Poland’s top climate official said the country is preparing to set a date for a complete phase-out of coal-fired power generation, just months after the nation elected a new government that has pledged to support environmental policies of the European Union (EU).

Poland, which currently receives about 70% of its electricity from burning coal, and has long been Europe’s largest producer of the fuel, has been slowly increasing its use of solar and wind power. The Polish Wind Energy Association on Jan. 10 said the country now has more than 9 GW of installed onshore wind power capacity, and has plans to begin building its first offshore wind farm in 2025. Poland also is moving forward with plans for the country’s first utility-nuclear power plant, along with signing contracts for installation of small modular reactors (SMRs).

A Warsaw-based group on Jan. 11 said Poland needs to end coal-fired power generation by 2035. Forum Energii in a report said coal plants no longer will be economically viable by the middle of the next decade. Poland is home to Europe’s largest coal-fired power plant, the 5.1-GW Belchatow power station. Belchatow, located in Rogowiec, has more than a dozen units, including an 858-MW supercritical unit commissioned in 2012. The plant initially entered operation in 1982.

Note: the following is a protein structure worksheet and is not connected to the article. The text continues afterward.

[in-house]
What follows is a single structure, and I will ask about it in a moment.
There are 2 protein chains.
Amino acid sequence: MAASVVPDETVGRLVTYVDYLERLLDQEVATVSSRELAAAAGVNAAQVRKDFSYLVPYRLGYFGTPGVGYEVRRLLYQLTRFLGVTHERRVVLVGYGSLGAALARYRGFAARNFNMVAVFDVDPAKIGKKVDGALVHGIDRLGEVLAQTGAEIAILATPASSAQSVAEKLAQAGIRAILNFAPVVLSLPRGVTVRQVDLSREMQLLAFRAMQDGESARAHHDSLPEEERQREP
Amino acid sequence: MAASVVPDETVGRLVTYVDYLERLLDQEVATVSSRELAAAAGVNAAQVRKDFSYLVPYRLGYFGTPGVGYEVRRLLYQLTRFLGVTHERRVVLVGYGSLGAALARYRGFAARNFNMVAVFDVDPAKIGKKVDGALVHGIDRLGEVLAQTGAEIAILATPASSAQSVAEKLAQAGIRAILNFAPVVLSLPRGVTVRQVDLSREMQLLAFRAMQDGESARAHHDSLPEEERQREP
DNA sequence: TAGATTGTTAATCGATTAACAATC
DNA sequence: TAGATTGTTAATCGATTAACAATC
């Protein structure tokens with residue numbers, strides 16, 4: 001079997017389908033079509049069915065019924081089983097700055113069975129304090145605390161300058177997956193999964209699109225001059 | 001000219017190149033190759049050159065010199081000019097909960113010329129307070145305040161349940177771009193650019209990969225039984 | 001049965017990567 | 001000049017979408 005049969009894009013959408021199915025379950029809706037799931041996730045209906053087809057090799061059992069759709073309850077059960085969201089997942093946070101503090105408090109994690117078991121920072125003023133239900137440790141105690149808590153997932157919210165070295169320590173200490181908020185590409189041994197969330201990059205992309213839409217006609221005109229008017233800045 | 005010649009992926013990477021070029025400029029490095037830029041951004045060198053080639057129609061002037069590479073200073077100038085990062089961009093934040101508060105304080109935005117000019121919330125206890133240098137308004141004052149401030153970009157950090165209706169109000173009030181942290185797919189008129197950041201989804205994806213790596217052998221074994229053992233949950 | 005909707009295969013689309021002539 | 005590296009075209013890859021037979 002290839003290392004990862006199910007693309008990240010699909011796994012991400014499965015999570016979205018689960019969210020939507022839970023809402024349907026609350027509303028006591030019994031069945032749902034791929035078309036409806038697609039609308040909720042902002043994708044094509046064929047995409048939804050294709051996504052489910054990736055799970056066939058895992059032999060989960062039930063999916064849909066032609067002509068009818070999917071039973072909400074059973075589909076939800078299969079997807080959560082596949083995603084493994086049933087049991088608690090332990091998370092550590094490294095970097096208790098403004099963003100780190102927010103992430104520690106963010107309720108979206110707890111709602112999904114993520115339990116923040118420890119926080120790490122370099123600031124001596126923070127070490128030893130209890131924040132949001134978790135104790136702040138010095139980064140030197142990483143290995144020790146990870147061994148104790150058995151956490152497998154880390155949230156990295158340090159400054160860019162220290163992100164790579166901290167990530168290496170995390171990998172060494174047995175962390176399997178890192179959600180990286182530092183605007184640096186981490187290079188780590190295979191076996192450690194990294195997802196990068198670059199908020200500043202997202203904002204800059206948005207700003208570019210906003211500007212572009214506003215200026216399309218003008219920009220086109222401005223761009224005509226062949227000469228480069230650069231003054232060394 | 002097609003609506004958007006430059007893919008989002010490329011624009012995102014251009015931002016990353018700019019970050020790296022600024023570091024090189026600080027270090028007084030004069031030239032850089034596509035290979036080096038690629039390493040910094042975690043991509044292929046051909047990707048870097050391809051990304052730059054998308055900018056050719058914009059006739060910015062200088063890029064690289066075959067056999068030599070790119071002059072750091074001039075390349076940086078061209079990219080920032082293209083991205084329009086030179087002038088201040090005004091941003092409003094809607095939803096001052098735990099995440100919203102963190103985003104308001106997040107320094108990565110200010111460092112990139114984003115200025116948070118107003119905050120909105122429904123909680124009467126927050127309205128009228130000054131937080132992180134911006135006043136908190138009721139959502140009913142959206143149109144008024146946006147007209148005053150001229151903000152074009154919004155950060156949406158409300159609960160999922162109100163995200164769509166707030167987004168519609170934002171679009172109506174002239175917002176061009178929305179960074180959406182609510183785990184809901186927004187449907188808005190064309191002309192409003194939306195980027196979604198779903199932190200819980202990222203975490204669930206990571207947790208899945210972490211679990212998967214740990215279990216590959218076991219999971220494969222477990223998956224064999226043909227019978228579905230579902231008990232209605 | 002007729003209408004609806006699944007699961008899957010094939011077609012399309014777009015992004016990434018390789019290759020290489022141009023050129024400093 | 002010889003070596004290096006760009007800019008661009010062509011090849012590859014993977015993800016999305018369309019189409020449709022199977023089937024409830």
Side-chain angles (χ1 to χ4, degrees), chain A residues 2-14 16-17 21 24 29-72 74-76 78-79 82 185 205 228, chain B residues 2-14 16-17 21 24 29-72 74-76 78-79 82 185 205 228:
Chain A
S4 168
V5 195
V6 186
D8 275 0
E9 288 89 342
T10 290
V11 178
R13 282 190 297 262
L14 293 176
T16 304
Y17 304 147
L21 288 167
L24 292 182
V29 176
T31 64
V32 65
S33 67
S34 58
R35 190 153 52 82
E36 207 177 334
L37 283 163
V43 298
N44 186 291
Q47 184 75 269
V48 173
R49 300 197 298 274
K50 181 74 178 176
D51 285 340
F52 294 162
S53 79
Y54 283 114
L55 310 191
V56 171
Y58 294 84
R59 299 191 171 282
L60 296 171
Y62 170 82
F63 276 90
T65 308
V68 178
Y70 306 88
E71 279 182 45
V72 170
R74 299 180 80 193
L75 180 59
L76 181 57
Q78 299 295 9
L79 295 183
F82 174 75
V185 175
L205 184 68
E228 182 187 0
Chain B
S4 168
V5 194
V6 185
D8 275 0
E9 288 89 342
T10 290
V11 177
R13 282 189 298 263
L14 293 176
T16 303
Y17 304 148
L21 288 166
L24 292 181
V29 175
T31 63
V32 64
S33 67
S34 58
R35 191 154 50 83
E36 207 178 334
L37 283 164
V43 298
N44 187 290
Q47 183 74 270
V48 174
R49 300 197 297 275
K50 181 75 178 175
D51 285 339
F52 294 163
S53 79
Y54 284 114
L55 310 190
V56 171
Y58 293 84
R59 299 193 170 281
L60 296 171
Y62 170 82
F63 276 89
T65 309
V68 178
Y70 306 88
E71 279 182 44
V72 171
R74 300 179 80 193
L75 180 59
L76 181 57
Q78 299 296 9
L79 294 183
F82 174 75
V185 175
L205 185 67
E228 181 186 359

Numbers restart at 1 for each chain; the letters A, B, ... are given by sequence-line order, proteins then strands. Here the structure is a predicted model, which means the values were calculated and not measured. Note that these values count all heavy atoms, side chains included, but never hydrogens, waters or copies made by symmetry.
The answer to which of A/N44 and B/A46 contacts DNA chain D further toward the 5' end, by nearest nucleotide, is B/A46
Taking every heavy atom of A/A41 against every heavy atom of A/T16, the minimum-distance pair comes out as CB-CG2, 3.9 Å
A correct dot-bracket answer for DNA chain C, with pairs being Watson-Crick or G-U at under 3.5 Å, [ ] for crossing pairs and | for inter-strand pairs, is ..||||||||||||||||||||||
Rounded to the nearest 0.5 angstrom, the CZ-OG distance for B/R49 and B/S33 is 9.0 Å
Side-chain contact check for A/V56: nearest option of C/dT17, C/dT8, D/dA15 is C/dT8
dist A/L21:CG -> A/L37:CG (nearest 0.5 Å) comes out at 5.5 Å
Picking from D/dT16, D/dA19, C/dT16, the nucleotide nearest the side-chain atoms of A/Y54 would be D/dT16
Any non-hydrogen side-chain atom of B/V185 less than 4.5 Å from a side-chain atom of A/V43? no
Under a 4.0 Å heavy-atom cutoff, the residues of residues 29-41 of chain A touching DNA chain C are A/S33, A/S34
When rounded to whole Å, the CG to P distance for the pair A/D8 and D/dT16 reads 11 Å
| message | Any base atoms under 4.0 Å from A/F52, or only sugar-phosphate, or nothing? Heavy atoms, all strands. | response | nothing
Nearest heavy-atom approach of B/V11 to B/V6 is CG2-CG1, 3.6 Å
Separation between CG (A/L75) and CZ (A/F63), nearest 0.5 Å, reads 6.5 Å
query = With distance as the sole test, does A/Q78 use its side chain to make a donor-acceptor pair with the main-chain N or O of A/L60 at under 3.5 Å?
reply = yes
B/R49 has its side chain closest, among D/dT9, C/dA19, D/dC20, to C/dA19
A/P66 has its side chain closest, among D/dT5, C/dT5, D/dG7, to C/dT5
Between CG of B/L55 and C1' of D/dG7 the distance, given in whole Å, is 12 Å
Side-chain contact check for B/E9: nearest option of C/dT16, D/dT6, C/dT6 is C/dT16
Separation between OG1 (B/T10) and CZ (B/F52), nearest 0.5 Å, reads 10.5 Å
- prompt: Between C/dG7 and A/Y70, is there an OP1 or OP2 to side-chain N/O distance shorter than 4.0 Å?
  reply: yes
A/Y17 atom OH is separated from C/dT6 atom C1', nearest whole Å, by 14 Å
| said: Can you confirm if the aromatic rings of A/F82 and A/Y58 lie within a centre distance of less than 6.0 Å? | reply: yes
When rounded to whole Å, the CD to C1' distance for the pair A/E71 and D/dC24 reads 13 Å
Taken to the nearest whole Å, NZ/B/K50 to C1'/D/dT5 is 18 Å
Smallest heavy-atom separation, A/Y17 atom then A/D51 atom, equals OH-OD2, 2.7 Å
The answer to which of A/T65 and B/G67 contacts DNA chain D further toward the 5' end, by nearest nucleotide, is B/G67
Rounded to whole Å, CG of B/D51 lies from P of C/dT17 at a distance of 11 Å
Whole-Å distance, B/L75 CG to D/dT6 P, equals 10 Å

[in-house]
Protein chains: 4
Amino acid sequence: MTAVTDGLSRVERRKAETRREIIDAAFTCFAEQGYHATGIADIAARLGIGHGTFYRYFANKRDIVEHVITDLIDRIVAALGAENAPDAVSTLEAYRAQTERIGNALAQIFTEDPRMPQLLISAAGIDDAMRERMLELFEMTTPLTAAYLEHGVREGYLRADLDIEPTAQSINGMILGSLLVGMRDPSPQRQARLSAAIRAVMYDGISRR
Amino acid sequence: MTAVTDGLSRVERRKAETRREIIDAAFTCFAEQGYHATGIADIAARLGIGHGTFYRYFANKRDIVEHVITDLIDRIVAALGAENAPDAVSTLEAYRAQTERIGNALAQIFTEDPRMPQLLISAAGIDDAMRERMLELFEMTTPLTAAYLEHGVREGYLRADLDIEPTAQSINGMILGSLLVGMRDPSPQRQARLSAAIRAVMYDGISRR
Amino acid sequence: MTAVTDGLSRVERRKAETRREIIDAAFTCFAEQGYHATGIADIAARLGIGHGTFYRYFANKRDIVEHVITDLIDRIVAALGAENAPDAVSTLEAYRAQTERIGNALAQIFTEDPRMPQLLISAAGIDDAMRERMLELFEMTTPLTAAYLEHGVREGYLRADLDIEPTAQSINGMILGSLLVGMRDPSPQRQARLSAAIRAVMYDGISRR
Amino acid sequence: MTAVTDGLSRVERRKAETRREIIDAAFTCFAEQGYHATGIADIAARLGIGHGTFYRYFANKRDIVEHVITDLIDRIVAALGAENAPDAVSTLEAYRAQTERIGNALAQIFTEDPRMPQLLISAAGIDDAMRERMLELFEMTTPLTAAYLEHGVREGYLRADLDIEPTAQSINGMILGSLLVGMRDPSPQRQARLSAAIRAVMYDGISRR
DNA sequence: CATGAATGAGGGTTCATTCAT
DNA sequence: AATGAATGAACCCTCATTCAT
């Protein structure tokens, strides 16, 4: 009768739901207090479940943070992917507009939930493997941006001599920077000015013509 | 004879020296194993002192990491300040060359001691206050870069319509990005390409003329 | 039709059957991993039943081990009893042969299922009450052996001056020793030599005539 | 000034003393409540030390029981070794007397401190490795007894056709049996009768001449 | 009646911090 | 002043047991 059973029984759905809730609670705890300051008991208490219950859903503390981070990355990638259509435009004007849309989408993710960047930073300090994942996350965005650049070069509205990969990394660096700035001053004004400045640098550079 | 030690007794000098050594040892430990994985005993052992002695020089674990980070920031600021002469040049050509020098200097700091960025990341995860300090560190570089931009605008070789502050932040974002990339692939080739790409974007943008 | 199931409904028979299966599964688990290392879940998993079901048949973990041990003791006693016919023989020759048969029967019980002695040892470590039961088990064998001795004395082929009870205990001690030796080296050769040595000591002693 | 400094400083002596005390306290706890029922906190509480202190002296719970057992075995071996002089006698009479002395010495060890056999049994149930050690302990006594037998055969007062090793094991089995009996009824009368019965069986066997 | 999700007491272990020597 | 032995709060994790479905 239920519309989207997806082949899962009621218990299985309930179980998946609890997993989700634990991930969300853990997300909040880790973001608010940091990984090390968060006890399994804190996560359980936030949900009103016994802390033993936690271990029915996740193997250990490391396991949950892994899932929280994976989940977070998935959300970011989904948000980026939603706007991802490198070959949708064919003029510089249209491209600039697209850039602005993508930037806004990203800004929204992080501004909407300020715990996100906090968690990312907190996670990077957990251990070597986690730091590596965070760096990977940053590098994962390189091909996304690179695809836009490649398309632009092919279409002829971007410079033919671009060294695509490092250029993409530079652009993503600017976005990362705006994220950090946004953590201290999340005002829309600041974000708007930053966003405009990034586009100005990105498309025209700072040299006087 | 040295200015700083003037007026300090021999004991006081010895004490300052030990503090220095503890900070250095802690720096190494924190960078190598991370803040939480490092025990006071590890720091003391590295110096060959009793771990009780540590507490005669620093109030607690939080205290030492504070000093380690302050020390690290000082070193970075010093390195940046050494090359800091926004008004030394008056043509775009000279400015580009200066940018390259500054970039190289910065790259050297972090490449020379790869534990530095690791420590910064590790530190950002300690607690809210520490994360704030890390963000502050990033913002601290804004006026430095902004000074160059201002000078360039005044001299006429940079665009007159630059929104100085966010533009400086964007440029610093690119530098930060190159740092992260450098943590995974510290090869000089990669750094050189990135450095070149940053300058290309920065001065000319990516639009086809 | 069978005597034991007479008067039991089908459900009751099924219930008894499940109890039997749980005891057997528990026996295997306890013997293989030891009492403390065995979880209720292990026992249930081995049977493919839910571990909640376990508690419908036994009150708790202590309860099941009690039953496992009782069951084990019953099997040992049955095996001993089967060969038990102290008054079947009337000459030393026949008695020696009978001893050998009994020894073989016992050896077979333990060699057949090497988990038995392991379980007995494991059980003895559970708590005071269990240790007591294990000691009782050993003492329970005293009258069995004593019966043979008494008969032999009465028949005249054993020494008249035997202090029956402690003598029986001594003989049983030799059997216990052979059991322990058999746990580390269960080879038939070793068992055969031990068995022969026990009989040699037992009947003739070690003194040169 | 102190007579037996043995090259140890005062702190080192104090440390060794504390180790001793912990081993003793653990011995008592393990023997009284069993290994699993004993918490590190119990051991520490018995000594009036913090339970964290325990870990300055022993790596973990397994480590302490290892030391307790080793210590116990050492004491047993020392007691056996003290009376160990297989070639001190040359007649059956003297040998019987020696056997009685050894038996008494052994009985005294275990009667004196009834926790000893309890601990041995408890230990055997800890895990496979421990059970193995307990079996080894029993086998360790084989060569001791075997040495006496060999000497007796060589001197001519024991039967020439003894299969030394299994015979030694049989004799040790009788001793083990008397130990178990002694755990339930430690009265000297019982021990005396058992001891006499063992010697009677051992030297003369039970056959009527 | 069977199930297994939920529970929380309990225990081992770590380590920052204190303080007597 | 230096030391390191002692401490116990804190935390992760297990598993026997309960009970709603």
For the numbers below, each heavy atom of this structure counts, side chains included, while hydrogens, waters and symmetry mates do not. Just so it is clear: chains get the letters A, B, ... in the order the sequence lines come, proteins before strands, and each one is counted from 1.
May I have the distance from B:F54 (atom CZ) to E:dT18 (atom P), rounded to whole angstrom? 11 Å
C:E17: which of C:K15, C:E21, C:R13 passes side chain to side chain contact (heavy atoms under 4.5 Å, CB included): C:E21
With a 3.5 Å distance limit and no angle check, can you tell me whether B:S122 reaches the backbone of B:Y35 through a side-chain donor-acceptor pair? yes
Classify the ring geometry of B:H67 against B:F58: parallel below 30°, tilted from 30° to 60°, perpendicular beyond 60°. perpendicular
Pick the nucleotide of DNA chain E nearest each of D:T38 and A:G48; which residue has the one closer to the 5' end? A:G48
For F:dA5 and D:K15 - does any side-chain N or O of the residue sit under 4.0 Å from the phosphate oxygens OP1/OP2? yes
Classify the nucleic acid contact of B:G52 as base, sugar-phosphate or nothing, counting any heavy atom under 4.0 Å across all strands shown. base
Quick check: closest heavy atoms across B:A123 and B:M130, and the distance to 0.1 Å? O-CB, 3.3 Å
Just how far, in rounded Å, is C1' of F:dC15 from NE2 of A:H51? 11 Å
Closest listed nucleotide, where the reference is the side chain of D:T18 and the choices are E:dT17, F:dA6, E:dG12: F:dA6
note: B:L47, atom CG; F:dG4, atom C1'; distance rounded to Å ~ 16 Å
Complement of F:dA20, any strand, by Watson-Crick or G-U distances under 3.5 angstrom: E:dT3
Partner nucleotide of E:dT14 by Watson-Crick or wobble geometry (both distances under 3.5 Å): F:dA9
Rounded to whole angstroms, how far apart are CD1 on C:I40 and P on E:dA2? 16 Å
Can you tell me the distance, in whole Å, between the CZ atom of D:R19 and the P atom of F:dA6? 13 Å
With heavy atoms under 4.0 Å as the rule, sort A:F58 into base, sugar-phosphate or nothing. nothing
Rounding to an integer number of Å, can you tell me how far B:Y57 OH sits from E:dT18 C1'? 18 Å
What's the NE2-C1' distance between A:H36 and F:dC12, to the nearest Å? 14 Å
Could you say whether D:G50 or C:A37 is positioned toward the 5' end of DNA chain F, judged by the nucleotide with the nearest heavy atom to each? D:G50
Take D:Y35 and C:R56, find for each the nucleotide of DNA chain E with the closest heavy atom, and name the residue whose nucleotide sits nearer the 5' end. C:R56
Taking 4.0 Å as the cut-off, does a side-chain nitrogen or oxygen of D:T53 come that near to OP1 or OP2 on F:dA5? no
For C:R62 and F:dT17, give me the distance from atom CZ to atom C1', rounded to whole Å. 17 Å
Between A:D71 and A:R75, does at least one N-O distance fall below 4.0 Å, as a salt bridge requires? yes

End Date for Coal

Urszula Zielinska, the country’s Secretary of State for Climate, during a meeting in Brussels, Belgium on Jan. 15, said, “Only with an end date [for coal] we can plan and only with an end date industry can plan, people can plan. So yes, absolutely, we will be looking to set an end date.” Zielinska, who was appointed to her post last month, said officials are studying the country’s energy and climate strategies. She said any government actions would include support for workers and other industries that would be impacted by the move away from coal.

The 5.1-GW Belchatow power plant is Europe’s largest coal-fired generation station. It initially entered service in 1982. Source: Wikimedia Commons

“It’s all under revision and with a view to step up the efforts, but also to secure the people who may be most impacted, the industries as well, to make sure that the industries are really smoothly transitioned into new green branches,” she said. Zielinska also said Poland is prepared to follow an EU target to cut carbon emissions by as much as 90% by 2040.

Poland’s parliament in December elected centrist party leader Donald Tusk as prime minister, two months after the national election ousted members of the conservative Law and Justice (PiS) party that had ruled Poland for eight years and often clashed with the EU. Poland is a member of both the EU and NATO.

The PiS government had an agreement with Polish trade unions to continue coal mining until at least 2049. That government opposed some of the EU’s environmental measures, and last year filed a court challenge as it sought to cancel the bloc’s climate policies. That legal action included overturning an EU ban on combustion engine vehicles that would take effect by 2035. Poland was the only EU member to vote against that measure.

—Darrell Proctor is a senior associate editor for POWER (@POWERmagazine).